November 2015 Paris attack
Tech firms sued for providing extremists with material support Reuters

Tech majors Google, Facebook and Twitter are facing a lawsuit filed by Reynaldo Gonzalez whose daughter Nohemi was among the 130 people killed in the November 2015 Paris attacks. Gonzalez has accused these companies of providing "material support" to extremists.

"For years, [the companies] have knowingly permitted the terrorist group ISIS to use their social networks as a tool for spreading extremist propaganda, raising funds and attracting new recruits," states the lawsuit filed at US District Court Norther District of California.

"This material support has been instrumental to the rise of ISIS, and has enabled it to carry out numerous terrorist attacks, including the 13 November 2015 attacks in Paris, where more than 125 were killed, including Nohemi Gonzalez," reads the court papers.

Gonzales was of the opinion that without Twitter, Facebook, and YouTube, the "explosive growth of ISIS over the last few years into the most-feared terrorist group in the world would not have been possible".

However, these tech firms are at work to combat extremist content shared online. From mid-2015 onwards Twitter has suspended more than 125,000 accounts for "threatening or promoting terrorist acts," related to the Islamic State (Isis).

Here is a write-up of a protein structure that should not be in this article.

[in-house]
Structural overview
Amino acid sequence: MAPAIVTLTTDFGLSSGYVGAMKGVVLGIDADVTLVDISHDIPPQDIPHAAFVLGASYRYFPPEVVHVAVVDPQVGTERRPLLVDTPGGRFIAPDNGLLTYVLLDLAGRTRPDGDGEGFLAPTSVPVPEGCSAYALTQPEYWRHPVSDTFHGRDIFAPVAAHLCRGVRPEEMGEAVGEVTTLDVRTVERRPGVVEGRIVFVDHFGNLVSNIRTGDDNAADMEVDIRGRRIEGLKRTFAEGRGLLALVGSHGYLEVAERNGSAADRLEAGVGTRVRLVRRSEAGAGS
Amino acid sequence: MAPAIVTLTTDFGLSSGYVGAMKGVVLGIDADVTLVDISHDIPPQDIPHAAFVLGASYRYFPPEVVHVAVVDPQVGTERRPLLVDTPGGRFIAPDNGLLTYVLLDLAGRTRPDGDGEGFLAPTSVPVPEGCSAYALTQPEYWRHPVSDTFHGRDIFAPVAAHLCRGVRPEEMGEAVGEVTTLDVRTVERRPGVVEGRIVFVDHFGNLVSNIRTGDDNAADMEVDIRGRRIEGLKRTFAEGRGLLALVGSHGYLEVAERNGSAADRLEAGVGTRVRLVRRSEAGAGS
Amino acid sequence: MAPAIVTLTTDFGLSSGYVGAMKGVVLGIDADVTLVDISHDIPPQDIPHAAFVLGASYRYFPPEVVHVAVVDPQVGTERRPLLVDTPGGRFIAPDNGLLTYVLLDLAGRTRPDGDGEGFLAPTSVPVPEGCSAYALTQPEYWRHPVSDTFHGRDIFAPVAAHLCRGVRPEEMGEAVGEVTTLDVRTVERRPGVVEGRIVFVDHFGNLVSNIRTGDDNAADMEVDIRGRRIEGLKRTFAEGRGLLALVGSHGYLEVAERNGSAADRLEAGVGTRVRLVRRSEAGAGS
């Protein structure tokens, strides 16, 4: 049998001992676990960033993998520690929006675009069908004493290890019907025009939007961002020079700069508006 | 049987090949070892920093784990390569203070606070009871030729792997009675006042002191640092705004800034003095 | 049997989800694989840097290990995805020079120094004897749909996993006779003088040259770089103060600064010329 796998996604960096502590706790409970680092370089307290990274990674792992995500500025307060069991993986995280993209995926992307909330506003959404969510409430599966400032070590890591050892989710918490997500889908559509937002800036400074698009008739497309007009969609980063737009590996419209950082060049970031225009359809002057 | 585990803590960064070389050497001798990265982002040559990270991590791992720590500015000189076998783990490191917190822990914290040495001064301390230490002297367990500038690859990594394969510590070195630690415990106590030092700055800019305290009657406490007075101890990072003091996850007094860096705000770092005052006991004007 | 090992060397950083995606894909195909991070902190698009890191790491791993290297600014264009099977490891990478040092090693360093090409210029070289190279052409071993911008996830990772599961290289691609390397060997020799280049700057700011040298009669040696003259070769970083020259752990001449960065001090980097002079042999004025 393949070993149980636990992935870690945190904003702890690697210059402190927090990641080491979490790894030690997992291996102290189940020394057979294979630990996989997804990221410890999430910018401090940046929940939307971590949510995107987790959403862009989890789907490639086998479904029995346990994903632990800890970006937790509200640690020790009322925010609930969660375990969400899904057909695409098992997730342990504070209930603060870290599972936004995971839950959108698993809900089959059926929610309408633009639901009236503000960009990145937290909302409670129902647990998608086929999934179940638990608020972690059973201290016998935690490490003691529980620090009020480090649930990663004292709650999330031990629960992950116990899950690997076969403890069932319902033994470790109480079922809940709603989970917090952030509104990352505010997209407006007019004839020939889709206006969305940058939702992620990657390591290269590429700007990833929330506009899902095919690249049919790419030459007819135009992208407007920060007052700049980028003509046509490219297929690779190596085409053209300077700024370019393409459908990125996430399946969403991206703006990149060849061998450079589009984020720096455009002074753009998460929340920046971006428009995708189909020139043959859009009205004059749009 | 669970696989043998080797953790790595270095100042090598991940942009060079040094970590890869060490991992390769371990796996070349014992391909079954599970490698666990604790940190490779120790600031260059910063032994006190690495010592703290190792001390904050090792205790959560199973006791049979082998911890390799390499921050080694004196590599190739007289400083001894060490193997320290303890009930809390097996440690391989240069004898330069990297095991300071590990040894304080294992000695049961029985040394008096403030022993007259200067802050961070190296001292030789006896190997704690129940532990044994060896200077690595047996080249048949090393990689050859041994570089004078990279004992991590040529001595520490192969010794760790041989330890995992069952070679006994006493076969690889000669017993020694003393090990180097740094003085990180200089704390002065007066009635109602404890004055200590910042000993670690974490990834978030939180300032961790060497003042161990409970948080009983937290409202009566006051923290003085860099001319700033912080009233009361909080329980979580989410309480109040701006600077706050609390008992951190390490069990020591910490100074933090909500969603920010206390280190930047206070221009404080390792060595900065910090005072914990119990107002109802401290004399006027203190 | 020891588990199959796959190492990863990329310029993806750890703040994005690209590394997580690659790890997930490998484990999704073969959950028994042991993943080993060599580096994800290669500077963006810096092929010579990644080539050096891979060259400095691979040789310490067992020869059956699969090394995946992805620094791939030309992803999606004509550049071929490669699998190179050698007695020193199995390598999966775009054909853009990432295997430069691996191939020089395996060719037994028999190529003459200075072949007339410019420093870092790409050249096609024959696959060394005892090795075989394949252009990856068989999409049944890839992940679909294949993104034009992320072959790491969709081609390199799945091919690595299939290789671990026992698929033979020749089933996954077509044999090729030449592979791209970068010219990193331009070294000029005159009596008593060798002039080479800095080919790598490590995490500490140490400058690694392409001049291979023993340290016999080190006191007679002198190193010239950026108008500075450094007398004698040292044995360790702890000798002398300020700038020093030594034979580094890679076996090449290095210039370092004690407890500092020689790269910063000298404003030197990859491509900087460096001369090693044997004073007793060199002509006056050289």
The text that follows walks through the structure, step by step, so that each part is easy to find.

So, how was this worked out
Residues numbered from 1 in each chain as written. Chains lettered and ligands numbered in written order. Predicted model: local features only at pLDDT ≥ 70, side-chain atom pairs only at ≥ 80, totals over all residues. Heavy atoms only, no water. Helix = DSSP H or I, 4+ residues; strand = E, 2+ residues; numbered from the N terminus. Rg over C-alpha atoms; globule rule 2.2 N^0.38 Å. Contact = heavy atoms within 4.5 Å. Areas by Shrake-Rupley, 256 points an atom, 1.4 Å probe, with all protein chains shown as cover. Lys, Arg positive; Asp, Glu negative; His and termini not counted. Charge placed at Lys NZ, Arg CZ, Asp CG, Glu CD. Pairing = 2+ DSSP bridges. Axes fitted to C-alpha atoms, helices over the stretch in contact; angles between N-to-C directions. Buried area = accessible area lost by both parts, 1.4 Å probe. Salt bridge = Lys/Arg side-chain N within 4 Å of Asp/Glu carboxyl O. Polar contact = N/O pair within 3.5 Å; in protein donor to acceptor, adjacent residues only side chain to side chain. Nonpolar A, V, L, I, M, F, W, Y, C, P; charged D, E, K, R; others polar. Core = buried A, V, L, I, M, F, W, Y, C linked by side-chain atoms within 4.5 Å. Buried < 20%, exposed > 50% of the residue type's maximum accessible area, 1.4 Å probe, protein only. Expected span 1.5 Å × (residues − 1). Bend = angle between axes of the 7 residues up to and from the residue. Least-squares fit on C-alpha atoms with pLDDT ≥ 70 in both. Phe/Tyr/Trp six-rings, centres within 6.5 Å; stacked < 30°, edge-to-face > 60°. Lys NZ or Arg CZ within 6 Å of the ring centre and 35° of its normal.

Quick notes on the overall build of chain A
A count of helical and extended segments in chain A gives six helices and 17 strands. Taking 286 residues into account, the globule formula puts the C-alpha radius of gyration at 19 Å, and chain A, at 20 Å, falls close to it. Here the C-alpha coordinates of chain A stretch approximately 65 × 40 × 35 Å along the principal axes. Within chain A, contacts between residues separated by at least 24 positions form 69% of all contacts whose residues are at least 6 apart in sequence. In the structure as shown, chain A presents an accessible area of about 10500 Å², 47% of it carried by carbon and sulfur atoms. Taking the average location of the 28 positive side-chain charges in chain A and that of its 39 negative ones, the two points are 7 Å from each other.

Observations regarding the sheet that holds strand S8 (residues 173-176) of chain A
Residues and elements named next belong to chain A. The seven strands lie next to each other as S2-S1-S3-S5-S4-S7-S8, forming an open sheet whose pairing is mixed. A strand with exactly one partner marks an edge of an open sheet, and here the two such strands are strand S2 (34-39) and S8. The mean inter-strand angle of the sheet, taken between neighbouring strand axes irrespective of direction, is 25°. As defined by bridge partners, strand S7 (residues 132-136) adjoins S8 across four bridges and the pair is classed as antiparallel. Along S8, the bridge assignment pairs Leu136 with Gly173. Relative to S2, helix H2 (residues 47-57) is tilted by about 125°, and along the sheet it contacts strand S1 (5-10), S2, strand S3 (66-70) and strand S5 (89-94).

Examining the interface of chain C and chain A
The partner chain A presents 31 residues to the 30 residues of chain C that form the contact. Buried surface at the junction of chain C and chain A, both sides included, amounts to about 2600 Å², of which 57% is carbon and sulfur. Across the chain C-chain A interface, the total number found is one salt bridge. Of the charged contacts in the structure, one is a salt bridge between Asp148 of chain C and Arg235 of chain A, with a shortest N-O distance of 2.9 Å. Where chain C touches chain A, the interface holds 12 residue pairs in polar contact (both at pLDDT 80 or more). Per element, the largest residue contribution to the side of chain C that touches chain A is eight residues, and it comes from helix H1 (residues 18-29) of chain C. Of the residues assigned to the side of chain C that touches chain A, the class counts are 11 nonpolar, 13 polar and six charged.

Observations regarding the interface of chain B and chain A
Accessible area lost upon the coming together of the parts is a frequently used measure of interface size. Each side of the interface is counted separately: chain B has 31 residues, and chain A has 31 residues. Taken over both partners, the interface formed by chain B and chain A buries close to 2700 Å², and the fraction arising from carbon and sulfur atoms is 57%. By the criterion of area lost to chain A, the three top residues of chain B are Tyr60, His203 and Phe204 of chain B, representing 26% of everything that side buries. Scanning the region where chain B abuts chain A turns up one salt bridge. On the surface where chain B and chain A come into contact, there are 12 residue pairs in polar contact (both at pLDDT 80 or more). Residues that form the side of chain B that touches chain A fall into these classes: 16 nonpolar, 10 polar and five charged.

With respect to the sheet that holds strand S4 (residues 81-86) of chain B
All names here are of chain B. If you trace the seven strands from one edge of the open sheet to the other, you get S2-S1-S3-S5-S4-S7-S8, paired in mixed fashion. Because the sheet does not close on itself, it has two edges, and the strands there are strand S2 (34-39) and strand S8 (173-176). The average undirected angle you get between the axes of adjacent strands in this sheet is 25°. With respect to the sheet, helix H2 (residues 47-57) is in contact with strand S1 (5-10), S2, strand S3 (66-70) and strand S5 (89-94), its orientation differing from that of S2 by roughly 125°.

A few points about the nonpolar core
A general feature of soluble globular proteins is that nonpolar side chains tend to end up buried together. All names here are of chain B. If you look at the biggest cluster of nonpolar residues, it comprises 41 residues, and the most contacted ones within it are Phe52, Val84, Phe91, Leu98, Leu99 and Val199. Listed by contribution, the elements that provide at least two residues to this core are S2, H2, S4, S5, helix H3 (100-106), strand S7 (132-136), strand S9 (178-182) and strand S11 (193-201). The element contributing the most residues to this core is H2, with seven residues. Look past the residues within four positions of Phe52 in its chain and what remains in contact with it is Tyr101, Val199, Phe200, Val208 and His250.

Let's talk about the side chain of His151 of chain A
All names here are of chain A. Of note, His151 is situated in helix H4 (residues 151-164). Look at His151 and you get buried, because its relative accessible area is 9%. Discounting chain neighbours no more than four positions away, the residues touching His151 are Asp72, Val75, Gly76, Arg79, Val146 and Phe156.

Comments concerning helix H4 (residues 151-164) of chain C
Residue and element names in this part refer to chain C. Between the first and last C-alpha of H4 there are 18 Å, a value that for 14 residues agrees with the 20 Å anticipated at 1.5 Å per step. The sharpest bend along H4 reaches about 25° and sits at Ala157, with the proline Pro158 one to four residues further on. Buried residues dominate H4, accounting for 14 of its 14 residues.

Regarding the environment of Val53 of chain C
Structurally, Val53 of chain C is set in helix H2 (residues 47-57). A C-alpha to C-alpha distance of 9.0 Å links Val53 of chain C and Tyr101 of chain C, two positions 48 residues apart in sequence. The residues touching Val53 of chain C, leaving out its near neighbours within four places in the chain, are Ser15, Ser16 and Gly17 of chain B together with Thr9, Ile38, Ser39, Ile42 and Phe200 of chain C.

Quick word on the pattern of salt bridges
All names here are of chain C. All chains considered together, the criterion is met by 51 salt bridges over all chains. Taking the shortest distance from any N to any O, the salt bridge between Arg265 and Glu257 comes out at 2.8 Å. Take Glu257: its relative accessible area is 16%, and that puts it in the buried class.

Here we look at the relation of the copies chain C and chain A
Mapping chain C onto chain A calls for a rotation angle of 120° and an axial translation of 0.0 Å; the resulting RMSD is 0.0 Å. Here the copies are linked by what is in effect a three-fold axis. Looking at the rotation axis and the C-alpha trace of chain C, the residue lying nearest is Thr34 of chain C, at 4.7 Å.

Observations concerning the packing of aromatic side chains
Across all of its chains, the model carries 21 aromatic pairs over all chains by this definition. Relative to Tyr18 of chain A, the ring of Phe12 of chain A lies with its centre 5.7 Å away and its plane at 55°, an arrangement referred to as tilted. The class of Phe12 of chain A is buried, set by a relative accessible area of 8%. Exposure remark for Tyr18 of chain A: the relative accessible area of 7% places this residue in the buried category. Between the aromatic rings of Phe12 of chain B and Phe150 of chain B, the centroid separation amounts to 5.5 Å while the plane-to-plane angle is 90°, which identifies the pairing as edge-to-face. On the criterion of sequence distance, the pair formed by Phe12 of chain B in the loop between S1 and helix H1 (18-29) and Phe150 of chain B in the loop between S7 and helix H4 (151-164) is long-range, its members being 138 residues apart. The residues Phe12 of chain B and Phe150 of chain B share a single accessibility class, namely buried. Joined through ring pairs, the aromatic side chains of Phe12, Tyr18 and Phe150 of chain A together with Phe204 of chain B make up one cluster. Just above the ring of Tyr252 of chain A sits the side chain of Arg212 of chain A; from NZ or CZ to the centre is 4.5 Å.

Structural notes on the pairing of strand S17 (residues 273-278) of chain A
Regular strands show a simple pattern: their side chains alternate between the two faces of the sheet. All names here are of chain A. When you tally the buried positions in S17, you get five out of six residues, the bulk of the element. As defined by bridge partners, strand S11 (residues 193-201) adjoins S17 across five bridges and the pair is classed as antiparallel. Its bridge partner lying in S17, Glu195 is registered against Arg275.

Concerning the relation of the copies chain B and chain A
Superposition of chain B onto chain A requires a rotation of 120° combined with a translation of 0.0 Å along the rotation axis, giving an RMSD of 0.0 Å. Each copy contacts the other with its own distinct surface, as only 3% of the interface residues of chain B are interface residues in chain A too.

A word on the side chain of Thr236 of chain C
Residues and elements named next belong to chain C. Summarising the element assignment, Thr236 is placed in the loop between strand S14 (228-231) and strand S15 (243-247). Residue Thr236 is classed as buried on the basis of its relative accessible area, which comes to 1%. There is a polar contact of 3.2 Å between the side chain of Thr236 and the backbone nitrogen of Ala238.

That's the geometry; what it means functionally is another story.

US laws exempt internet companies from liability for content posted on their sites, suggests a BBC report. According to Section 230 of the 1996 Communications Decency Act, "no provider or user of an interactive computer service shall be treated as the publisher or speaker of any information provided by another information content provider".

The companies in statements issued to the Associated Press said the case was without merit, while citing their policies against extremist material. Twitter said it had "teams around the world actively investigating reports of rule violations, identifying violating conduct, and working with law-enforcement entities when appropriate".

Facebook said if it saw "evidence of a threat of imminent harm or a terror attack", then it would contact the authorities. Google noted it had "clear policies prohibiting terrorist recruitment and content intending to incite violence and quickly removed videos violating these policies when flagged by our users".